An encounter with the police force can be a frightening situation. There are a plethora of myths, exaggerations, and fears that surround the law.

No matter the situation, Repka Law, located in St. Paul, MN, provides insight into what rights you have. For the next few weeks, we will focus on some of the most fundamental, yet widely underutilized, rights that could help you in the future.

The right to remain silent. We’ve all heard it—maybe in a movie or TV show or maybe in person. But what does remaining silent really mean? How “silent” can you be? How can silence benefit you during a confrontation with law enforcement?

The right to remain silent stems from the Fifth Amendment of the United States Constitution. But both the Minnesota and Wisconsin Constitutions contain the same protection. The purpose of remaining silent is to ensure that an individual does not incriminate him or herself by speaking without an attorney present while being questioned or taken into custody by police.

We are given the right to have an attorney speak for us in all legal matters, especially criminal charges. Governing authorities must play by the rules when accusing citizens of breaking the law. These rules are concrete and binding. As a society, we place a higher level of value on the government following the rules of individual citizens.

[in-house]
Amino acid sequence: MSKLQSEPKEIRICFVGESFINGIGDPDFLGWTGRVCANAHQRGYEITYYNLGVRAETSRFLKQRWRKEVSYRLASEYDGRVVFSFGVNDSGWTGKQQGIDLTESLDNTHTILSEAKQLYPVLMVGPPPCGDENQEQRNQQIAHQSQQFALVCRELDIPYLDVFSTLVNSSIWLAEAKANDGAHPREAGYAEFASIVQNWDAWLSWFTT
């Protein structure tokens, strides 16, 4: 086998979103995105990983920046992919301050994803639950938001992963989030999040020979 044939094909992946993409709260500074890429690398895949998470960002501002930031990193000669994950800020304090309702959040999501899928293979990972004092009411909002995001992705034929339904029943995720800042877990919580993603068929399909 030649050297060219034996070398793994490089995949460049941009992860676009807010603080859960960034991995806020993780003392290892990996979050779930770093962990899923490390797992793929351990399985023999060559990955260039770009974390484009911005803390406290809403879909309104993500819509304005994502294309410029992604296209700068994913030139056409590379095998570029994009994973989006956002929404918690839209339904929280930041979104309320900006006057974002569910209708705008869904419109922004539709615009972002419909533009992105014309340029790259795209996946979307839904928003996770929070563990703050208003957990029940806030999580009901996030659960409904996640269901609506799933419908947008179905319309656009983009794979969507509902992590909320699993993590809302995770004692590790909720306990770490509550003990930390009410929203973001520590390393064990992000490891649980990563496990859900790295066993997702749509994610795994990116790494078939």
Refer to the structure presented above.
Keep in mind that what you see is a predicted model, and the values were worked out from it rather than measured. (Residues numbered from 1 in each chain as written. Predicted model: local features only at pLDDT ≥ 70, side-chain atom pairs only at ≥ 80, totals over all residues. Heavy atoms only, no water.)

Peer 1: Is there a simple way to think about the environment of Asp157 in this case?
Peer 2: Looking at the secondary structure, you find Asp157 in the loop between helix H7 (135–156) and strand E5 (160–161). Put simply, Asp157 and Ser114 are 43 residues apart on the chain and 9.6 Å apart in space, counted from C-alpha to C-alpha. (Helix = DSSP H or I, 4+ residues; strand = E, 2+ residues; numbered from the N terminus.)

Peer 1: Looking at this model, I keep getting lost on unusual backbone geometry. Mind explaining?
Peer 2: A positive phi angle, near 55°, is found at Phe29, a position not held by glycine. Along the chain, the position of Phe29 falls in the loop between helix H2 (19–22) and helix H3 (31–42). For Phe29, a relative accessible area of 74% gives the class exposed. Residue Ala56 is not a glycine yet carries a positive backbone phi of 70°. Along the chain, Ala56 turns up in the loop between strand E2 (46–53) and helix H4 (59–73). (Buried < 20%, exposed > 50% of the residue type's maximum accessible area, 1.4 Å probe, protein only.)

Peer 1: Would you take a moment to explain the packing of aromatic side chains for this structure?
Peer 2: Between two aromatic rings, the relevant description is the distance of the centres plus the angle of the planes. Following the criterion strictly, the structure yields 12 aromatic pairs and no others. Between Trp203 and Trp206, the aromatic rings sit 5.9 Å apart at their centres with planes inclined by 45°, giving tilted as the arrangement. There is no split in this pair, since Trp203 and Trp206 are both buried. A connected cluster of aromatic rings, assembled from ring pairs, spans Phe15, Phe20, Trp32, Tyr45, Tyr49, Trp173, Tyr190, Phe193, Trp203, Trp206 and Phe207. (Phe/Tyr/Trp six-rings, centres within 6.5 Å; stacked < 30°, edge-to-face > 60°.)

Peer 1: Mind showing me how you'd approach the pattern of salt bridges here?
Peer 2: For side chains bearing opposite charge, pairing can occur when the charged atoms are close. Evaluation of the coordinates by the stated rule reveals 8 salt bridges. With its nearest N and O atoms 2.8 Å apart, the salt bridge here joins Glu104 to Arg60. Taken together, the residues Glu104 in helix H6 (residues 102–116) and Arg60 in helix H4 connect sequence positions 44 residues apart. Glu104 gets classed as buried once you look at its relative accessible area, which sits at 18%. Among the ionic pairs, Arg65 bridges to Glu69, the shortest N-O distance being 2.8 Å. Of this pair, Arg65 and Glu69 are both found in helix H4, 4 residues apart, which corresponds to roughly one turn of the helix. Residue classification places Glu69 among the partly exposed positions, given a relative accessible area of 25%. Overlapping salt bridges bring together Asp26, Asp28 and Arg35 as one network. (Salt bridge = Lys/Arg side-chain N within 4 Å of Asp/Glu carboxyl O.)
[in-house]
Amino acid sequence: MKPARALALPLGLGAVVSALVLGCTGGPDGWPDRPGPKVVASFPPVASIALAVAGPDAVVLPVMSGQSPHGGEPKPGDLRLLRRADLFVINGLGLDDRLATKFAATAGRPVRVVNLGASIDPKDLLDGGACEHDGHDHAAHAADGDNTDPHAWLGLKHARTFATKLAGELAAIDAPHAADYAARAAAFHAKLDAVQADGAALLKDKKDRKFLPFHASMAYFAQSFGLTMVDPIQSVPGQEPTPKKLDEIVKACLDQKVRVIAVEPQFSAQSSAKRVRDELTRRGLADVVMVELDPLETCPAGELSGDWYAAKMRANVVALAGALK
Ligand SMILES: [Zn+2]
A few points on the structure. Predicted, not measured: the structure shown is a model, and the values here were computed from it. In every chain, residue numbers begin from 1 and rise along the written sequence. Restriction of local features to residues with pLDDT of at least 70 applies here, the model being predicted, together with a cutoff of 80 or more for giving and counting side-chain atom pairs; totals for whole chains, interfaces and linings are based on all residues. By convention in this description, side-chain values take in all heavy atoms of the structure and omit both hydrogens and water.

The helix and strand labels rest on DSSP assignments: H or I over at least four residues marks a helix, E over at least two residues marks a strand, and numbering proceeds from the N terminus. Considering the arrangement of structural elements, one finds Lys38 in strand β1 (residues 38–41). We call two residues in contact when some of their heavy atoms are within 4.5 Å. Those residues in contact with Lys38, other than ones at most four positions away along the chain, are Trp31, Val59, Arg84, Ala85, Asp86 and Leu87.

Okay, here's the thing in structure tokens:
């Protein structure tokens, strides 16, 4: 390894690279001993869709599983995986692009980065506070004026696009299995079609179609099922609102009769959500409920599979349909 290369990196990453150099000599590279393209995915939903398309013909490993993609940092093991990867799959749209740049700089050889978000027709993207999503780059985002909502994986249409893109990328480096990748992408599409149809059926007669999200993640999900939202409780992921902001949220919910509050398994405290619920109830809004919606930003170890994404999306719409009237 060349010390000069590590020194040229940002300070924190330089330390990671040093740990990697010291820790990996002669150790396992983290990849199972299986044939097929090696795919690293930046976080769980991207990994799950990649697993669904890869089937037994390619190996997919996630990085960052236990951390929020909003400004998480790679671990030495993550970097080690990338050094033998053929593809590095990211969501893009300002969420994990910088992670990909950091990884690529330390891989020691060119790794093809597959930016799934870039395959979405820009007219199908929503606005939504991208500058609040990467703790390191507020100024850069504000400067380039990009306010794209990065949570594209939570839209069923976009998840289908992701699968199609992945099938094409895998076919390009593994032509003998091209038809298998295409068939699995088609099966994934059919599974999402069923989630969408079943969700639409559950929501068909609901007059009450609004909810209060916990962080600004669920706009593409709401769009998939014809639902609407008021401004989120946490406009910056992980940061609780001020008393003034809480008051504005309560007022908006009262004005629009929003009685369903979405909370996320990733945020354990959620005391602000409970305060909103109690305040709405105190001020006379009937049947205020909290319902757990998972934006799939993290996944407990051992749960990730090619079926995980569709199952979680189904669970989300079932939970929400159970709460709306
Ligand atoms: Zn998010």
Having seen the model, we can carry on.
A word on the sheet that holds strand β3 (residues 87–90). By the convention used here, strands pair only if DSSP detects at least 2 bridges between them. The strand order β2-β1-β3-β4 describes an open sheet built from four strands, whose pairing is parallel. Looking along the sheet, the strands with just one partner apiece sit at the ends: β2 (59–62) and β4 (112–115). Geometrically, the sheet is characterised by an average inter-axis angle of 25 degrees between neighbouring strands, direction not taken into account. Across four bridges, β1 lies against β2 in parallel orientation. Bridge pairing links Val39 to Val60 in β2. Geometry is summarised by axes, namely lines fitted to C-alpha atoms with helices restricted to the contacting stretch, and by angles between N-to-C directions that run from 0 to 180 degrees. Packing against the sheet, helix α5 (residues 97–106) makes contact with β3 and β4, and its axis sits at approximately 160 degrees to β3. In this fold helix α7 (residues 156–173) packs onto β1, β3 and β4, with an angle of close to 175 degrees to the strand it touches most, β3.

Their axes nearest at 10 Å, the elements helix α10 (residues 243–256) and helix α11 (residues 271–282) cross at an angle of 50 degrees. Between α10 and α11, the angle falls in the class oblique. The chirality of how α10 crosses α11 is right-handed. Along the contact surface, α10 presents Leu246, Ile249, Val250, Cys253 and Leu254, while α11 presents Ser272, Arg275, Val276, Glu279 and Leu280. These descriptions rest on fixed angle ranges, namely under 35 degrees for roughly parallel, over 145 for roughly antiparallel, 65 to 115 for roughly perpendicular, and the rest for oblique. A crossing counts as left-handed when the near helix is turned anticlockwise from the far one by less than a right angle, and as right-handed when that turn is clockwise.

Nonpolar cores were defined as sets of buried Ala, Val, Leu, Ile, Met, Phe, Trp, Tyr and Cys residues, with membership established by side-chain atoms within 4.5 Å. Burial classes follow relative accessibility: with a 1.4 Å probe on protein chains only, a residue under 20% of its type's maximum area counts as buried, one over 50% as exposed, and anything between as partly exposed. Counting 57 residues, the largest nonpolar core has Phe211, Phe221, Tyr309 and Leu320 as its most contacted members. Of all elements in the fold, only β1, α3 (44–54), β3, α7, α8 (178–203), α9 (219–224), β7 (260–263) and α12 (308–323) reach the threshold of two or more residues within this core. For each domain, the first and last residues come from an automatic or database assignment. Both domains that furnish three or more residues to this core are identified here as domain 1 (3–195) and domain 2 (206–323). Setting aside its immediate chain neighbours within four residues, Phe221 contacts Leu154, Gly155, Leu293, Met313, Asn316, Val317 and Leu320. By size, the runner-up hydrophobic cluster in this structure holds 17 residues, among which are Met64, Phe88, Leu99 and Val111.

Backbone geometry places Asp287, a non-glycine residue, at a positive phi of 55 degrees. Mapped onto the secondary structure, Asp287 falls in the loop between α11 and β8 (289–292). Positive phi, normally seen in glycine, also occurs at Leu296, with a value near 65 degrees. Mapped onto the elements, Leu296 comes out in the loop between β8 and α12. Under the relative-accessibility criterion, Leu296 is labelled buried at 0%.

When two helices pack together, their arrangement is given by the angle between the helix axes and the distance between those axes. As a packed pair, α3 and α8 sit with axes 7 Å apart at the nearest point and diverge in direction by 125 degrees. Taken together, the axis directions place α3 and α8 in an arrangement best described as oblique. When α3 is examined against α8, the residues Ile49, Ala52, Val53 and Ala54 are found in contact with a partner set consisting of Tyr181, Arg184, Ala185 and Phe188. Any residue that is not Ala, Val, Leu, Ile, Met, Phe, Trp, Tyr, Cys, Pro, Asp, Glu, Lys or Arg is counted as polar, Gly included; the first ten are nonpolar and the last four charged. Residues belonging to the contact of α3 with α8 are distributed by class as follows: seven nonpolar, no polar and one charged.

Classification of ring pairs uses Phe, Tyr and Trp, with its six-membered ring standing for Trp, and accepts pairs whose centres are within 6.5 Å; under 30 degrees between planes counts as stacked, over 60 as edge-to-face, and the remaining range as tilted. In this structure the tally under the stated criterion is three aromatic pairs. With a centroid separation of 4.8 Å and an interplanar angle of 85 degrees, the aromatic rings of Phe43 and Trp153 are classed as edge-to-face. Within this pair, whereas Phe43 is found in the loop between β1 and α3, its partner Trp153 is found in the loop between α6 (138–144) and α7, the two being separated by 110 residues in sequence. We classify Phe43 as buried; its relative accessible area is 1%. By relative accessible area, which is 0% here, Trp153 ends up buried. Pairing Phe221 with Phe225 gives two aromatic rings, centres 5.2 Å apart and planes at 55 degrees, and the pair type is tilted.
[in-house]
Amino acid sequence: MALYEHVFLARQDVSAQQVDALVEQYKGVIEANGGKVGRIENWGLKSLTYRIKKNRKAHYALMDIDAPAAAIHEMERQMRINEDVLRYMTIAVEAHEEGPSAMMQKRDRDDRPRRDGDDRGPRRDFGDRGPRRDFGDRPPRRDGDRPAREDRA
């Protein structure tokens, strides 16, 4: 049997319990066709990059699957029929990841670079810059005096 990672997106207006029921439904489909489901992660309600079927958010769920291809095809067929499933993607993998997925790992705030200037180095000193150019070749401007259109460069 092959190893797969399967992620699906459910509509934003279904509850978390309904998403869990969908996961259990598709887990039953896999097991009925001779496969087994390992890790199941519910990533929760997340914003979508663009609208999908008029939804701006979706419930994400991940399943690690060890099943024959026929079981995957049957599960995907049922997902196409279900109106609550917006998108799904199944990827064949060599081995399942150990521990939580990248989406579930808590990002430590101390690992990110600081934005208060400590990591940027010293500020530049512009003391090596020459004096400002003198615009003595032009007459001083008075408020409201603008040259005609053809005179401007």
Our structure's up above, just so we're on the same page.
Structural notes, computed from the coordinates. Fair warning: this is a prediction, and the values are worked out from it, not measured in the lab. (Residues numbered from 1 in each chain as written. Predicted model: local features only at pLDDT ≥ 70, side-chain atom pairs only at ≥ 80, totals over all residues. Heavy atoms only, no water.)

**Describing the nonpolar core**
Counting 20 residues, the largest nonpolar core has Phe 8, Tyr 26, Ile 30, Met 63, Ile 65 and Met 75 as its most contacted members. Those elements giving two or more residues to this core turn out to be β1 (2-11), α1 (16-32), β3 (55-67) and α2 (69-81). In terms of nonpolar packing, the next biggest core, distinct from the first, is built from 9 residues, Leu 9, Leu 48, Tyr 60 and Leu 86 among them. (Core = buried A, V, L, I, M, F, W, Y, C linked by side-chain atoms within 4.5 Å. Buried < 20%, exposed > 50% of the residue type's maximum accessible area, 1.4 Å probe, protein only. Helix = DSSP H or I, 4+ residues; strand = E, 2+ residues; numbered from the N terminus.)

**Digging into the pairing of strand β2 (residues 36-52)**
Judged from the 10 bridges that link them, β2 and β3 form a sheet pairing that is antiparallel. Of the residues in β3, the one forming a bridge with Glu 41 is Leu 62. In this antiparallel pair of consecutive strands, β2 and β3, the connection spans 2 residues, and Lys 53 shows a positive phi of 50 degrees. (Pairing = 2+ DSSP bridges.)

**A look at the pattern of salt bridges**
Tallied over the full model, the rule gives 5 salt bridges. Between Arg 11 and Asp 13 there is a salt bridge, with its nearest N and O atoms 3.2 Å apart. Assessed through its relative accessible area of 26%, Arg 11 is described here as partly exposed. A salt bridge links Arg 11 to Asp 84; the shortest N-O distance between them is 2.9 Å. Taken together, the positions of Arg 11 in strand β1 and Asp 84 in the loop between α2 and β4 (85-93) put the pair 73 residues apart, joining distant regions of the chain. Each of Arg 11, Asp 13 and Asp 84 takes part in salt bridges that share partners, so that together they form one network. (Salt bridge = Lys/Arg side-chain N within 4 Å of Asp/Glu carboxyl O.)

The right to refuse a search. What does this exactly mean? How does somebody refuse a vehicle search or a home search?

The Fourth Amendment protects citizens against unreasonable searches and seizures. As a general rule, a search is unreasonable—and therefore unconstitutional—if it is not conducted pursuant to a warrant. Your property is yours by law and governing authorities must either have your permission or a warrant before they can legally search your property and belongings. Even if police believe they are acting on probable cause, the must abide by the law and have sufficient evidence to do so.

Check back with us next week as we discuss more constitutional rights intended to protect you. Should you ever need a criminal defense attorney, call Repka Law at 651-395-7421.

Repka Law—Strong defense. Dedicated Attorneys.